"When you practice, the other shore comes to you". (Can't remember who said that)

Thing is, I find it hard to engage the bandhas (doesn't everyone) but I find it very difficult to engage unddiyana. My teacher Ben, sticks his fingers deep into my transverse abdominus in the hope it will remind me. All I feel is his fingers sticking into layers of flesh, pain…

And then there's my hips. My right hip especially. It drops, I notice it in the standing sequence, the prasaritas, parsvottanasana, my left hip doesn't seem to want to rotate outwards enough, forwards enough, funny, especially when I thought my left hip was more open…? It's causing pain in my left knee. Not a good sign for ashtangis. But again I feel Ben's fingers in my hip socket, reminding it to rotate, fingers press into the left hand side of my abdomen willing me to engage uddiyana and a constant reminder to engage mula. It's funny, I sometimes feel as if I only engage mula on my right side, how can this be?! But the more I focus internally on the engagement of muscles, the more I notice. and the more I can work on these little nuances which affect every aspect of my practice. It's working at least :)

I'm awaiting arrival of a couple of dear friends. My girls from uni. K is down, having had a shit time of it the past two weeks. The FB post from earlier said, 'it's been an awful couple of weeks so it is with gratitude and love I get to spend the next 24 hours with my girls B and Michelle'. B replied, 'Always helps to spend time with soul mates'. When you need grounding, when you need re-centring, you always come back to your core friends, the ones always there for you, the ones who will always support you. Mula bandha, you are one of my bestest friends. :)

Saturday, 2 August 2014

Samskaras and neuroplasticity

So I've moved back into my house after just over a year away. Things are, 'same same, but different', to coin a phrase used a lot throughout my time in Mysore :) Settling into new patterns of work whilst settling into my old, whilst familiar house is hard. Things are the same, but very different.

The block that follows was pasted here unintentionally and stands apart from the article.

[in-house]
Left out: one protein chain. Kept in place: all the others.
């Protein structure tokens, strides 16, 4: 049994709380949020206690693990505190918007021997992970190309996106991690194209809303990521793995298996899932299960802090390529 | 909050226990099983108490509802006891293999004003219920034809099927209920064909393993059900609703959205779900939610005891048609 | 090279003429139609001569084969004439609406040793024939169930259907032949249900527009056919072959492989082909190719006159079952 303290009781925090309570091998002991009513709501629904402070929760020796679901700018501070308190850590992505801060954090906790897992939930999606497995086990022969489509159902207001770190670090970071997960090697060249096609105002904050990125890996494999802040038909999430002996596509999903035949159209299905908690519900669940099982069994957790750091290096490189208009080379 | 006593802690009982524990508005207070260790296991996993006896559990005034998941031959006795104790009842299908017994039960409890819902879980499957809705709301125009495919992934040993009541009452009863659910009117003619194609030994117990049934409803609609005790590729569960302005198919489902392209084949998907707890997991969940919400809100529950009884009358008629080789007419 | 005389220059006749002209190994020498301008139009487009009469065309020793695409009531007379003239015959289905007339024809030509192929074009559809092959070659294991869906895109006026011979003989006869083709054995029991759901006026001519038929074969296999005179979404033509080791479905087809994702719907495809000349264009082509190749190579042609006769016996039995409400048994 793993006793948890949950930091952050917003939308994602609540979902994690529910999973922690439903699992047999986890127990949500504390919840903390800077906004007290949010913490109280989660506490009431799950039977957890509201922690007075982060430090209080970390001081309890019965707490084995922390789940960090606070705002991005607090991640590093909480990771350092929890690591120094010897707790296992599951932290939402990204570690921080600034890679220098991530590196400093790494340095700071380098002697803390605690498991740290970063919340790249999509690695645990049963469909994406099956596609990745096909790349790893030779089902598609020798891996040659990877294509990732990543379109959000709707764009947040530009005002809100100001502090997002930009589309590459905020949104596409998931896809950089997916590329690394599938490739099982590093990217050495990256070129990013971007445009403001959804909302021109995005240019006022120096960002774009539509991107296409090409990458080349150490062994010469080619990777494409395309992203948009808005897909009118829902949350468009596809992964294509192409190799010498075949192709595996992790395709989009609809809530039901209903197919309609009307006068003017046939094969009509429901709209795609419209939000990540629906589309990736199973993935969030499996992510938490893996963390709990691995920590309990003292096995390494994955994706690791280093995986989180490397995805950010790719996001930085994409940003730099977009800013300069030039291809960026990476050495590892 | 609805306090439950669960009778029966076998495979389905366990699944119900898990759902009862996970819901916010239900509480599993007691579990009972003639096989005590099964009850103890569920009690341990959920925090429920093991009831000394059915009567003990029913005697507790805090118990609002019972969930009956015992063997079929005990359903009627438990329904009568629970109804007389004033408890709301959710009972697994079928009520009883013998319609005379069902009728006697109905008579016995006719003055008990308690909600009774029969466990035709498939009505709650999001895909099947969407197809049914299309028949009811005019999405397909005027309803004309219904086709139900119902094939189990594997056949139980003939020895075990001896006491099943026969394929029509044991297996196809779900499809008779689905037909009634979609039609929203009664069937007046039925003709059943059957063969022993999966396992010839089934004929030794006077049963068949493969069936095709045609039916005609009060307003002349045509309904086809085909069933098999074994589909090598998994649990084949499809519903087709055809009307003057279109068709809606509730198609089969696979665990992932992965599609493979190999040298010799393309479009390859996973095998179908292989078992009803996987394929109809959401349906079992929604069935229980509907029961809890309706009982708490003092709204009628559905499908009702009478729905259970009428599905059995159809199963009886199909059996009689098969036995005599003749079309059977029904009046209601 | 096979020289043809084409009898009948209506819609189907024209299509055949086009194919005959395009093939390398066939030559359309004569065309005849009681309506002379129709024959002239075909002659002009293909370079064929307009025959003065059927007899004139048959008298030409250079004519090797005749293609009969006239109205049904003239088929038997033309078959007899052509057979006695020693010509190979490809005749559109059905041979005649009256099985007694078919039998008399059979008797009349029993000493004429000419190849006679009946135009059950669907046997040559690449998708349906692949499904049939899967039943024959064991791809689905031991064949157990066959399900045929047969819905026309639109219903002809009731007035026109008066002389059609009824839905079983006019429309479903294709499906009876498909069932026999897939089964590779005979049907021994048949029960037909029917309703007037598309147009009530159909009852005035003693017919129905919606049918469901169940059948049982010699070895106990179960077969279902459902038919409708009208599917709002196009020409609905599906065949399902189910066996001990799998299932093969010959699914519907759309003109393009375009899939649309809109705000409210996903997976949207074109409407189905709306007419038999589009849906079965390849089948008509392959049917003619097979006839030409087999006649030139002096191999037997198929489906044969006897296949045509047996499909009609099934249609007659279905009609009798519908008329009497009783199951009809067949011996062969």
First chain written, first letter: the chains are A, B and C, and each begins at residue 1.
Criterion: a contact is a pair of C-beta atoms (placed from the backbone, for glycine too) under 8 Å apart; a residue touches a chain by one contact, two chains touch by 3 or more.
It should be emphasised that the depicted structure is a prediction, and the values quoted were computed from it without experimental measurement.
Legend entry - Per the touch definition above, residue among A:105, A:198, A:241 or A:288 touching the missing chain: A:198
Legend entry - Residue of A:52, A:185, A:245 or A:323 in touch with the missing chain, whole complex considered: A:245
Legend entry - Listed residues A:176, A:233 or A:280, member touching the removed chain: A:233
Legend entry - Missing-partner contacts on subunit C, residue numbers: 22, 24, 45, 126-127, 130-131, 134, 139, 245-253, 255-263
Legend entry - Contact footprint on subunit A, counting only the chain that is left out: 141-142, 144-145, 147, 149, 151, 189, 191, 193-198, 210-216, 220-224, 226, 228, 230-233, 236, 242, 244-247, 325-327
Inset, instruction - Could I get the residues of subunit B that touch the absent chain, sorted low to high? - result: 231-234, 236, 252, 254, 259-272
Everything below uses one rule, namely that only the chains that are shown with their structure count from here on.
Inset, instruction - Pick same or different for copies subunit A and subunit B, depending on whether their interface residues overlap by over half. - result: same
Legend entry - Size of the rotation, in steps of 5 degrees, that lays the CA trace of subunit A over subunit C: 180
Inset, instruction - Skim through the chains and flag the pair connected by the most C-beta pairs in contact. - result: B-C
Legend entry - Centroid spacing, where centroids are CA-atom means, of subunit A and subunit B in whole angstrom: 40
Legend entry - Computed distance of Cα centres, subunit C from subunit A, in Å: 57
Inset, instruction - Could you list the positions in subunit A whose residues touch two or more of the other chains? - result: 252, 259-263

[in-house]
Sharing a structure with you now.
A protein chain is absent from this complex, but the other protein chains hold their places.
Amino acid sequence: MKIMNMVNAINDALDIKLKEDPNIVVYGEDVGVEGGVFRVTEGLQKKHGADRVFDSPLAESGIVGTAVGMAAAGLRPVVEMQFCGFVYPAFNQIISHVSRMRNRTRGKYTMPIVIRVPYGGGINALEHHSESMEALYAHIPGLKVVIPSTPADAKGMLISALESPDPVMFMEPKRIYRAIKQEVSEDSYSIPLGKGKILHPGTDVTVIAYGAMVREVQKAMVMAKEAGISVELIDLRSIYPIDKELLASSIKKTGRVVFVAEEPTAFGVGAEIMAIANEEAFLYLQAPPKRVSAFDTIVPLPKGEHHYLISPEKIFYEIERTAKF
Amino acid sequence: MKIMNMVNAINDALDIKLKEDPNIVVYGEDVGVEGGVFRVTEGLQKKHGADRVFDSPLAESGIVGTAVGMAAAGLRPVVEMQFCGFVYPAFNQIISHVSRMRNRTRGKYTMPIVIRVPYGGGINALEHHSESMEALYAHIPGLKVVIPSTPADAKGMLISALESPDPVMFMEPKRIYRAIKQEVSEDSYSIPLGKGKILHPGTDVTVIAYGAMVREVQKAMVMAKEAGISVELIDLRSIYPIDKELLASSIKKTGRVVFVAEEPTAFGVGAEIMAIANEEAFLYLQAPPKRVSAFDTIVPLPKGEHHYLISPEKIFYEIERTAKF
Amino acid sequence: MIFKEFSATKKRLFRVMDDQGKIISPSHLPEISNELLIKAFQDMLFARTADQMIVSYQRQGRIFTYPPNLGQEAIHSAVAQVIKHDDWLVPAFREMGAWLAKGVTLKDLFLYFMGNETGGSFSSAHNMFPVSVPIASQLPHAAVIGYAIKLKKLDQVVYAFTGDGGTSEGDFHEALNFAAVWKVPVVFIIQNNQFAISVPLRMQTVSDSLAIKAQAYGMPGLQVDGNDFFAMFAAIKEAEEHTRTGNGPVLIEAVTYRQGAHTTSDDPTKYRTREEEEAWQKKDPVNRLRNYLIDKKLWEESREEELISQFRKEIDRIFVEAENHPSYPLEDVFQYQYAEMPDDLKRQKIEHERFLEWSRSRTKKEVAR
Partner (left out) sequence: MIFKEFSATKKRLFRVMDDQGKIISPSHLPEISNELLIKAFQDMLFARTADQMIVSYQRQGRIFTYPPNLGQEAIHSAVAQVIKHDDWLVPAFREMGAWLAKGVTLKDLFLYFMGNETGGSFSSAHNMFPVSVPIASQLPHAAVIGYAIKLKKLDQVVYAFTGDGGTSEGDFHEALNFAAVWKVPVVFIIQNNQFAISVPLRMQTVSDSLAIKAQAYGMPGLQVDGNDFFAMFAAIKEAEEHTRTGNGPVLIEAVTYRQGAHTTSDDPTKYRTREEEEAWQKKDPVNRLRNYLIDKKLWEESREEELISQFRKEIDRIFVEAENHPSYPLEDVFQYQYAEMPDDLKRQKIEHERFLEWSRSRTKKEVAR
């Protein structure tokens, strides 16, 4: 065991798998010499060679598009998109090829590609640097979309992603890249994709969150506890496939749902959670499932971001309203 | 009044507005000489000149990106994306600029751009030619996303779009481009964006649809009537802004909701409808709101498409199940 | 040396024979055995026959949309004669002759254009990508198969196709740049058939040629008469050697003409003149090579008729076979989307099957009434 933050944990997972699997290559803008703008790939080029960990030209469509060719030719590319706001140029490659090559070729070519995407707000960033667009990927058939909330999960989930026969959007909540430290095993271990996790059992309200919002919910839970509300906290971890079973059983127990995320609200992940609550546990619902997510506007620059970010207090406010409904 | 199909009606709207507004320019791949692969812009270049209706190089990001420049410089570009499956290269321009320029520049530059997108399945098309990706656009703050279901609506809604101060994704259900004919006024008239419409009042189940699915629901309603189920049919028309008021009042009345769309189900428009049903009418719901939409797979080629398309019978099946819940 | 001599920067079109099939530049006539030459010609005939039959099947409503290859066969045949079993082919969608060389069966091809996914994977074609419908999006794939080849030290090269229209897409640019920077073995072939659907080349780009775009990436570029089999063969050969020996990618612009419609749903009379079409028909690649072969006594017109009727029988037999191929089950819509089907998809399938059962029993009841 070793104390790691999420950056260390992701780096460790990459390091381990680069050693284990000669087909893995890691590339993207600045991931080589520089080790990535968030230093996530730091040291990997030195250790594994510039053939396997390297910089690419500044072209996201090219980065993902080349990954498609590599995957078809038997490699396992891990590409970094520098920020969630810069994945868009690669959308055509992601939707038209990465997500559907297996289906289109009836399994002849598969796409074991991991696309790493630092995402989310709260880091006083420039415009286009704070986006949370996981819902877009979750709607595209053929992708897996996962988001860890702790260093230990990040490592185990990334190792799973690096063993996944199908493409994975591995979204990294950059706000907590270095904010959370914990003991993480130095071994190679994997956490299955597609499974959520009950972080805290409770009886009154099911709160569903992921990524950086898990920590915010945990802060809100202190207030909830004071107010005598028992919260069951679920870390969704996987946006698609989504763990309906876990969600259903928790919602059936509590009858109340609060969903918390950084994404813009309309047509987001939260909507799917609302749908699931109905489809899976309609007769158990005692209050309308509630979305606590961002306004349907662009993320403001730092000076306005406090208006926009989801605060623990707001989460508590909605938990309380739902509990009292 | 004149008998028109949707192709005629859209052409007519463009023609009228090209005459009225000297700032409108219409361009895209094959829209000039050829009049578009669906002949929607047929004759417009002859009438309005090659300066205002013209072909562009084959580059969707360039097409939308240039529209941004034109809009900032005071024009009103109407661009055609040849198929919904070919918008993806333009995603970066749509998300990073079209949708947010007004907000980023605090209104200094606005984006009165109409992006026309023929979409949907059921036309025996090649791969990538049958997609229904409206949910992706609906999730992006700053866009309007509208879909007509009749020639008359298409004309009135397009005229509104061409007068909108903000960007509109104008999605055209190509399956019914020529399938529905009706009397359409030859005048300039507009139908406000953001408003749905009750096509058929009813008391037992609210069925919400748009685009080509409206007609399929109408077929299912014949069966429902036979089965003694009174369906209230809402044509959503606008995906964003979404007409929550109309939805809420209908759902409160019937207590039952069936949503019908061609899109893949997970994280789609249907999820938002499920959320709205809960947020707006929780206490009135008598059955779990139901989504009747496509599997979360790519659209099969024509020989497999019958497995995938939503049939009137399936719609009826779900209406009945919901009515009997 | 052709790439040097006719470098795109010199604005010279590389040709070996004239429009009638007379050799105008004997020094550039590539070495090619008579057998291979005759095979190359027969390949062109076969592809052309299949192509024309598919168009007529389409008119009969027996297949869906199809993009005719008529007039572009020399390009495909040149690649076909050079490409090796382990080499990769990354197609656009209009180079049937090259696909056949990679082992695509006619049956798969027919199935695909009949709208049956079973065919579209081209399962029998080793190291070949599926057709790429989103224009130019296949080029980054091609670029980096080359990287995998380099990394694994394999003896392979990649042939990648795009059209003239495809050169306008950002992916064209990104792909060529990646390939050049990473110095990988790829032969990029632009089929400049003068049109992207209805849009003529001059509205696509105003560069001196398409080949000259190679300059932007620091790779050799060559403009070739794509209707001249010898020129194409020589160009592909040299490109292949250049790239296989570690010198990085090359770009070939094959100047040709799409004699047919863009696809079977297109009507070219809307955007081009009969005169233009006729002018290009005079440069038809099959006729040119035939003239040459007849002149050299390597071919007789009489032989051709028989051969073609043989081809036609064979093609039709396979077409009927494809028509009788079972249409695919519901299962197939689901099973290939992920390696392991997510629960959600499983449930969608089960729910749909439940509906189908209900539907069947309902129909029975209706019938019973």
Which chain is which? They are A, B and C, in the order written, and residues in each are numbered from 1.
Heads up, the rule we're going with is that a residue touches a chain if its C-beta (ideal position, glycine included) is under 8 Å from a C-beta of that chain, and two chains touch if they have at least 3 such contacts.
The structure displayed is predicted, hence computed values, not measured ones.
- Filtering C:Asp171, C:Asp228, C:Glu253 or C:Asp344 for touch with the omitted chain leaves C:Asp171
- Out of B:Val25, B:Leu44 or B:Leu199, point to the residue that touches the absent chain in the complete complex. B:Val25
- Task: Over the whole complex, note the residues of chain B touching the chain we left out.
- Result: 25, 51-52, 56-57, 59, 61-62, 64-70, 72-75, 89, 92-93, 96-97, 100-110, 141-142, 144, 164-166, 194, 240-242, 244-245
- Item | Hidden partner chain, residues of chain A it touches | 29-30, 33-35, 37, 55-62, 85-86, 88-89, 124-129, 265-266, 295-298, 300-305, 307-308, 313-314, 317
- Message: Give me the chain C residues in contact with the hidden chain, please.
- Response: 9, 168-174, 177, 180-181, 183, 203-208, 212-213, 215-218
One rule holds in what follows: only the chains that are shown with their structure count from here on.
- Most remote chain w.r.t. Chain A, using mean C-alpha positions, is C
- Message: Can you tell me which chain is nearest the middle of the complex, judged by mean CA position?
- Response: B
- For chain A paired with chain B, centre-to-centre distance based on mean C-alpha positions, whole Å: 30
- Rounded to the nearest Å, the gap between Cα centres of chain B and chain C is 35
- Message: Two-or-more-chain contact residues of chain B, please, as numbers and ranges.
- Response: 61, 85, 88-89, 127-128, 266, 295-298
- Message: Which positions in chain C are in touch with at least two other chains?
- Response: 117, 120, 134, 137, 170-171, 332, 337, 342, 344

Sutra 3:9 of Patanjali's yoga sutra states:

The transformation toward total stillness occurs as new latent expressions fostering cessation arise to prevent the activation of distractive stored ones, and moments of stillness begin to permeate consciousness. (Chip Hartranft, 2003).

Exploring the word samskara; Sam = To come together; kara comes from the root 'kud' which means 'to create'. So samskaras are creations, things that we create ourselves. If we think of samskaras as grooves, we can think of our repeated actions chiselling out these grooves, making them deeper, imprinting them deeper into our consciousness, which makes these grooves harder to get out of, harder to fill in. 

Samskaras are things that come into being, through a process, through the coming together of actions. If this is the case, then what comes into being can also come apart. What arises can also pass away. All formations created out of conditions are transient, they come and they go.  Beliefs too, are samskaras. Beliefs are born out of our conditioned (material) world. Therefore if beliefs are born out of conditions, which are arbitrary and transitory, then it follows that they have no solid foundation and as such can pass as quickly as they were born. Luckily for us, samskaras are transitory, the grooves can be deep, but we can create new grooves and the old grooves over time will infill themselves until they are just a faint scar in our conscious mind, having no hold over us. We all have the innate power to change through practice.
You are not just a brain in a vat!

Thus as Patanjali states, we can create new latent expressions (samskaras) which will stop the old distractive stored ones and total stillness and peace can arise. 'Neurons that fire together, wire together'. 
Neuro-plasticity is the core of understanding samskaras; no-one is 'hard-wired', they may have deep samskaras yes, but the brain is plastic and as such can change its structure and function by how we act, re-act, don't act, how we think and how we imagine things. It may just be harder and require more practice to carve out new and healthier neurological pathways. Plasticity exists at every level, the behaviour of the body, of bones, of cells, of thoughts and images. So in yoga we first of all work on the gross body, we change the way it moves, it functions and the more we do this the deeper those changes permeate into the bones, the muscles, the cells, our thoughts and our beliefs. It is even thought it can change on a genetic level, with the possibility of affecting the evolution of the human species. 

So we can use our regular practice to re-sculpt our brain, first finding more plasticity in order for it to change, then to create more structure so that new, healthier patterns remain. 

So for me at this moment in time, these new patterns which I find myself in are exciting but challenging at the same time. We are creatures of habit, but we must be careful not to let the grooves we sometimes find ourselves in become too deep, as they could become too deep to easily climb out of!